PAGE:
Mr. McCourt, who taught in the city’s school system for nearly 30 years, had always told his writing students that they were their own best material.

I don’t recall him saying that to us. But if he didn’t, he should have.

Who knew that Mr. McCourt had Angela’s Ashes within him? His last year at Stuyvesant, I was writing for an “underground” newspaper – not school sanctioned – started by my friend Mike, whose parents he maintained were blackballed as communists during the McCarthy era and who knew Mr. McCourt from the local pub, the Lion’s Head. Our paper was aptly titled “Apathy” – the perfect angsty name for an underground high school newspaper. Since we all loved Mr. McCourt, we decided to interview him. A farewell piece. I still have a copy, buried somewhere among my papers. In it Mr. McCourt tells us that he’s leaving teaching to pursue his dream of being a published author. He’s working on a novel, he says. Called Brownstone Blues.

I remember exactly where I was when Mr. McCourt reentered my consciousness. I was working as a teacher in my own classroom late one evening, probably getting ready for the next day’s onslaught, when I heard a familiar voice come from the radio. I was listening to Fresh Air and Terry Gross was interviewing someone about the publication of a memoir that detailed his wretched Irish childhood. The lilting voice was unmistakable. I couldn’t believe it. Angela’s Ashes? What was that? The questions I wanted Terry Gross to ask were: What had Mr. McCourt been doing all these years since I last saw him? What happened to Brownstone Blues? Did he ever think about Stuyvesant and his students there? Did he remember Apathy?

Needless to say, these questions were not in Terry Gross’ reporter’s notebook.

Over the next year, I watched in amazement as the book became a subsequent smash hit and spawned the McCourt Franchise. I meant always to attend a reading and speak with him, send Mr. McCourt a photocopy of the Apathy article to jog his memory, a reminder of how much we adored him. But I never got around to it. To my everlasting regret.


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4th of july

My friends Anat and Rob were in town from LA this weekend. Anat loves fireworks and insisted on seeing the show over the bay. Rob was once traumatized by burning ash dropped from mismanaged fireworks. A 4th of July tossup, which Anat won. Joining us was one of Anat’s friends from Israel, Nava, whom I’d just met and who was in the country for the first time.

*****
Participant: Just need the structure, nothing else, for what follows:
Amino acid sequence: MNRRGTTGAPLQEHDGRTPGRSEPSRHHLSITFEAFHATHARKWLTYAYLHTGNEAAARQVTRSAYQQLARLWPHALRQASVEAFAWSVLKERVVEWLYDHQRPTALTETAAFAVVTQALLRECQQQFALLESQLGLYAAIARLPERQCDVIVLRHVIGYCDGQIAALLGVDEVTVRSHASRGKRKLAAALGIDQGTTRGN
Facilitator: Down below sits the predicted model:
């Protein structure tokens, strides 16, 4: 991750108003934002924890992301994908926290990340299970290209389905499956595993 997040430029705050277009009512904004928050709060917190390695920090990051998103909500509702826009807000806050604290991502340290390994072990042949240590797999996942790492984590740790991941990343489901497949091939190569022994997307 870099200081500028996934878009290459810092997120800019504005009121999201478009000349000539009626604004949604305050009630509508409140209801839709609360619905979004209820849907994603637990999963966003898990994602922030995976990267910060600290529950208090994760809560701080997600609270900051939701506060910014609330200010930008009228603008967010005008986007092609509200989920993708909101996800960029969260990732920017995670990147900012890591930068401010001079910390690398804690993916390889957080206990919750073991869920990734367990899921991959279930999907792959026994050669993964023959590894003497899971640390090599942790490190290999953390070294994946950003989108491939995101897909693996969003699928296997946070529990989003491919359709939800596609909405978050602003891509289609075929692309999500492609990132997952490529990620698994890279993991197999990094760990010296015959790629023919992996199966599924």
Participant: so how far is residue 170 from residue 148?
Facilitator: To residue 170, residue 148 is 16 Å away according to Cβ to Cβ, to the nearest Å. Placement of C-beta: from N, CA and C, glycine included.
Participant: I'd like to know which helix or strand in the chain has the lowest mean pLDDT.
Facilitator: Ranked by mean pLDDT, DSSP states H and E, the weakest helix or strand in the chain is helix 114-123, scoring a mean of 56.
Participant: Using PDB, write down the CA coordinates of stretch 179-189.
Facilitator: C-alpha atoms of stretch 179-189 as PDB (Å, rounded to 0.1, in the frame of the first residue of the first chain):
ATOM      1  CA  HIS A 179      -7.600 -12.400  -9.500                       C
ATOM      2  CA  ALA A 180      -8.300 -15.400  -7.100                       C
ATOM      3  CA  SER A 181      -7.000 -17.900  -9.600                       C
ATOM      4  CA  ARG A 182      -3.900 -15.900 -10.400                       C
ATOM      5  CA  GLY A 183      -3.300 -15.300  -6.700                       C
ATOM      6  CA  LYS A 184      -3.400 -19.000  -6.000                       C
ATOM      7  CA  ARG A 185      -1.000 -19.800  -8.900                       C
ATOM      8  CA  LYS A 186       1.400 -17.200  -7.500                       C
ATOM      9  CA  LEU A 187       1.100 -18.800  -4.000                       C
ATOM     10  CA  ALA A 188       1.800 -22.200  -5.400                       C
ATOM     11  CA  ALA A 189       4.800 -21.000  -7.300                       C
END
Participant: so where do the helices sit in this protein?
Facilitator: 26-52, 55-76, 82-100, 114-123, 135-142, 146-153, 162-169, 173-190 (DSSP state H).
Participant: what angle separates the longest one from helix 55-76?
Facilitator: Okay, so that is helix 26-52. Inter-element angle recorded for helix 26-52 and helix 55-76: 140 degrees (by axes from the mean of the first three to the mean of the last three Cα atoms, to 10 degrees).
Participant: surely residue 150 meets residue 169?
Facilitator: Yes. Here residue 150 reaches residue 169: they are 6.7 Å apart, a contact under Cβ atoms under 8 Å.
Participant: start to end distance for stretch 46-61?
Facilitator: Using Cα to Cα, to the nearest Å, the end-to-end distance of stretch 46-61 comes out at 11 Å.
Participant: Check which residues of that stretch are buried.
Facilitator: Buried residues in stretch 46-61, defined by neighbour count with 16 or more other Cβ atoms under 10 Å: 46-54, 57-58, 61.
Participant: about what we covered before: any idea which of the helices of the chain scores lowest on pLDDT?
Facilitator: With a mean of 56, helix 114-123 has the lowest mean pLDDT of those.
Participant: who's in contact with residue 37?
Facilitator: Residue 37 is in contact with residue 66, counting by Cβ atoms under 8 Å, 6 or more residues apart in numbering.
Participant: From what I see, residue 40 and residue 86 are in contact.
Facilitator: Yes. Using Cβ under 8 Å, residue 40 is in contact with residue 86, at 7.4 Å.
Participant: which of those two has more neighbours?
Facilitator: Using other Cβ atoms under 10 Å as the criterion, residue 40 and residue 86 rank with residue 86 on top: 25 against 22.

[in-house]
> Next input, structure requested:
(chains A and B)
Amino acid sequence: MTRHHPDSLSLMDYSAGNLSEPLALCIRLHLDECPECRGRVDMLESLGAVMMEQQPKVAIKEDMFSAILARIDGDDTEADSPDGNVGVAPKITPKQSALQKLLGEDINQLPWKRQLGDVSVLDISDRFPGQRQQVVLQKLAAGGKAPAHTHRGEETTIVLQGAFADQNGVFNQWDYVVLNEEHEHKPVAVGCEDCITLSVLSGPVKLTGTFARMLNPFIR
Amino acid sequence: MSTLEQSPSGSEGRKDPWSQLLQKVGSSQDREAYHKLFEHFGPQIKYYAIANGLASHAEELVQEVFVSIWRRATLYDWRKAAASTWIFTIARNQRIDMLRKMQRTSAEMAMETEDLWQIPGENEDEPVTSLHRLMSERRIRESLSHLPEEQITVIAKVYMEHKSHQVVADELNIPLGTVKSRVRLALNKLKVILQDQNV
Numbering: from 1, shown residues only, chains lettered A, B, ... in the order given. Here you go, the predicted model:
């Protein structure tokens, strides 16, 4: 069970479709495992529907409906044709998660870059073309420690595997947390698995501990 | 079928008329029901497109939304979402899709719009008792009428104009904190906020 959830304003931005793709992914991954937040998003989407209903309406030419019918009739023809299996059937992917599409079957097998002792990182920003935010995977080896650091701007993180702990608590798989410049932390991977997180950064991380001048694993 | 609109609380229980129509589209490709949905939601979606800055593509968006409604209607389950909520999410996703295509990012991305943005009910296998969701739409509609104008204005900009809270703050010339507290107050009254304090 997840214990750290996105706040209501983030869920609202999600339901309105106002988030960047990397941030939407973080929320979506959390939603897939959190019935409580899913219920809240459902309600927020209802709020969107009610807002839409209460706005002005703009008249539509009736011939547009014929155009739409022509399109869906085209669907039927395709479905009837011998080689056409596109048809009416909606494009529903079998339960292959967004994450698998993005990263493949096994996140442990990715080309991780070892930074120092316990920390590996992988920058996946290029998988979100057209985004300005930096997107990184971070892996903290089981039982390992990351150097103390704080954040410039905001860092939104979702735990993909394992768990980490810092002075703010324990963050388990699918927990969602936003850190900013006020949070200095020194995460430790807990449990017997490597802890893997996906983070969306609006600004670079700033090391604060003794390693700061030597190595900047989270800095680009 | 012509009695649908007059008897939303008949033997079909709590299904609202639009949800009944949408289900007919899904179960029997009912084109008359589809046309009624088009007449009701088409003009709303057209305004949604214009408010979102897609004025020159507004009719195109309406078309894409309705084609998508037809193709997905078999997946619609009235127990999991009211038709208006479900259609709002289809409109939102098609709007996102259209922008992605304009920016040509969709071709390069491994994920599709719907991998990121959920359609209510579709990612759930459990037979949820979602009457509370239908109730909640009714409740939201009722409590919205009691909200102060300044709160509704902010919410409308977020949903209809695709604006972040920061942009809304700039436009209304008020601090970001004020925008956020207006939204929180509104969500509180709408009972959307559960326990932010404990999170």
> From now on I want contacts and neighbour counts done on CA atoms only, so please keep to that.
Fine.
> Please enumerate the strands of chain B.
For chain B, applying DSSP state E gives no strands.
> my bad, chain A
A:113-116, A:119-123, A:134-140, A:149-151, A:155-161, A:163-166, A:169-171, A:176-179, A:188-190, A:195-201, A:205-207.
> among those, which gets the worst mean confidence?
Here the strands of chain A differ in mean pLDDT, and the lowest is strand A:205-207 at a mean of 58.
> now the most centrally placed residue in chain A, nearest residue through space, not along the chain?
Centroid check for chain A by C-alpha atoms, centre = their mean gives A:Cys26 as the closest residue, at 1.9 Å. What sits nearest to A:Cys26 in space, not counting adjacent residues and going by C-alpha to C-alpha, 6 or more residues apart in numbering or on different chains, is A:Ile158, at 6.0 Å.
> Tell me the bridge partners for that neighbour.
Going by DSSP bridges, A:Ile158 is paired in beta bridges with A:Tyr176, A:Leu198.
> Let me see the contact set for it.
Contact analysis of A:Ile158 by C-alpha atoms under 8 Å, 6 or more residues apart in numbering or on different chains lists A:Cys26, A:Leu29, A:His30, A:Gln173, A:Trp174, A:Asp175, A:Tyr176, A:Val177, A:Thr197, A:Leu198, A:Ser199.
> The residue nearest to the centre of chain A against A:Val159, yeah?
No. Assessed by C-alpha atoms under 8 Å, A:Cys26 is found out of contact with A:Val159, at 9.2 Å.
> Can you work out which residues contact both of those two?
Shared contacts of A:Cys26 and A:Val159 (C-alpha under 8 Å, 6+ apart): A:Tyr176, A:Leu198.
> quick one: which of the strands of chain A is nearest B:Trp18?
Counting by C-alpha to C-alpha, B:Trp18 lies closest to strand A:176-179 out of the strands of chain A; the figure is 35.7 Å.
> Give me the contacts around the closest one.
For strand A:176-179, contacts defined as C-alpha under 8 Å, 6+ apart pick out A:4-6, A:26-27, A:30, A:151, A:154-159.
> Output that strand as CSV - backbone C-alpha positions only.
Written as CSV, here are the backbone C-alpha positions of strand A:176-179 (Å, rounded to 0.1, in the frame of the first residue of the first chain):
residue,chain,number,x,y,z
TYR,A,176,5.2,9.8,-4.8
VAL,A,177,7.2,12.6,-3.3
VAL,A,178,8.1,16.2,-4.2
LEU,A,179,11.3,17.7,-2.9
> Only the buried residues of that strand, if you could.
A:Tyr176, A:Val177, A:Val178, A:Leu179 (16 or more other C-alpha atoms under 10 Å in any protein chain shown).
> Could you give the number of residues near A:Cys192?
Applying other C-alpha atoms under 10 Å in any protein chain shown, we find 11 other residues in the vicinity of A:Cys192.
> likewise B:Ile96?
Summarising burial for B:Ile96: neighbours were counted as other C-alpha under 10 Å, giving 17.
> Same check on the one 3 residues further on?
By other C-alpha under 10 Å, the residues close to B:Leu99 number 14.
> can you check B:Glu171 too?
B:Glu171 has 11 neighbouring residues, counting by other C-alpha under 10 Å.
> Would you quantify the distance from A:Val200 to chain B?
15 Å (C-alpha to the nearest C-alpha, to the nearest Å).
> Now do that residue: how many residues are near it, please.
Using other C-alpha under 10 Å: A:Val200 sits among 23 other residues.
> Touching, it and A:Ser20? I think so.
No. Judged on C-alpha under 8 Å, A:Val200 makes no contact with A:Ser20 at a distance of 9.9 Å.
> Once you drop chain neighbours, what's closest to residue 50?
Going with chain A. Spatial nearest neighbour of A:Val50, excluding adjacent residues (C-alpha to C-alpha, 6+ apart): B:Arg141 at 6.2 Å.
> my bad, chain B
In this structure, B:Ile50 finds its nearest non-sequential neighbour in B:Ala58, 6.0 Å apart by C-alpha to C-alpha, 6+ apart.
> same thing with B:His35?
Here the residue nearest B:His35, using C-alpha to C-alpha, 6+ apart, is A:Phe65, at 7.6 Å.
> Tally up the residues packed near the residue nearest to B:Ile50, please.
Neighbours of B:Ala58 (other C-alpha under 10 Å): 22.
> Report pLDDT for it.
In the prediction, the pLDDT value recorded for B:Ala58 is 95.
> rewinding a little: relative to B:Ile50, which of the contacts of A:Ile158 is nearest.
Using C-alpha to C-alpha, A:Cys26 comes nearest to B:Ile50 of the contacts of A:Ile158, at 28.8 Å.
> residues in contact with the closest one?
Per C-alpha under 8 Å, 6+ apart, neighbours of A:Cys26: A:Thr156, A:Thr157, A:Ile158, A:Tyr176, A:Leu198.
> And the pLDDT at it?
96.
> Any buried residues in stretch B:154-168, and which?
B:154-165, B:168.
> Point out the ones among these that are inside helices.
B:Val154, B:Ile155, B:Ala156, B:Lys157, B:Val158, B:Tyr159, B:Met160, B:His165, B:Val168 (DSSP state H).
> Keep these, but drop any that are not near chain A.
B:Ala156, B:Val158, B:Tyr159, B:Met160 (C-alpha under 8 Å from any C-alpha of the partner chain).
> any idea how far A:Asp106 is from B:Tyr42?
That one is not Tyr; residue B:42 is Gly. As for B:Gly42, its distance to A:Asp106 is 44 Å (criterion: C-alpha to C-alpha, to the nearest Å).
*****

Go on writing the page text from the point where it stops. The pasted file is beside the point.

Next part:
We trudged down to Fisherman’s Wharf along with three zillion other people. Nava had lots of questions about the fireworks tradition, the age of the country, San Francisco. People here, she remarked, seemed so at ease and non-self-conscious. Very un-Israeli, apparently. (And un-East Coast, I told her.)4thofjuly

By the time the fireworks began, I was feeling cold and claustrophobic and wondering not about our nation’s birth but whether I’d ever find an apartment. And then, finally, greens and reds and whites began bursting in short trails. There were loud booms and small white dust explosions that looked like comet tails. Colorful tendrils that appeared to come right at us. Multiple bursts of first white and then red, straight lines and then swirly pinwheels.

I remembered watching fireworks back east. As a kid, setting off roman candles in the P.S. 20 playground. Buying packages of firecrackers in Chinatown, a dragon emblazoned on the label affixed to the red paper sheath. The firecrackers themselves always multicolored, which made them seem harmless, like too-thick birthday candles. Arguing over the strength of an M-80 – a quarter stick of dynamite or a third of a stick? (Probably neither.) Later, when I was older, with my mother and brother and niece, leaning on the hood of my car in a UMass parking lot on a hot, muggy night. Or watching off a pier in Provincetown as the sky exploded over the Atlantic.

I recall most vividly, though, the bicentennial celebration in New York City. Multi-masted schooners sailing around Manhattan and a fireworks display that was awe-inspiring. I had just started high school that year, in Manhattan, and was loving the excitement of the city. I knew on some level it was a dangerous place – crime was on the rise as the city’s population dwindled, bled out to the suburbs. But it was MY dangerous place, which made it not-dangerous in my teen logic. Rather than be frightened by New York, I relished it – the gritty grimy hard-ass and unbowed city that seemed so primed for the anarchy of the nascent punk rock movement,

The bicentennial was the year of the 44-caliber killer, when couples no longer risked sitting and kissing in their cars for fear of meeting up with the Son of Sam. It was also a year when the city was teetering on the brink of bankruptcy – just months earlier the Daily News had run its famous headline about the federal government’s decision not to bail us out: Ford to City: Drop Dead. The murder rate in 1976: 1,622. (In 2008: 496.)

All that crime and chaos was forgotten, though, for a moment at least, in the smoky afterglow of that summer’s 4th of July fireworks show.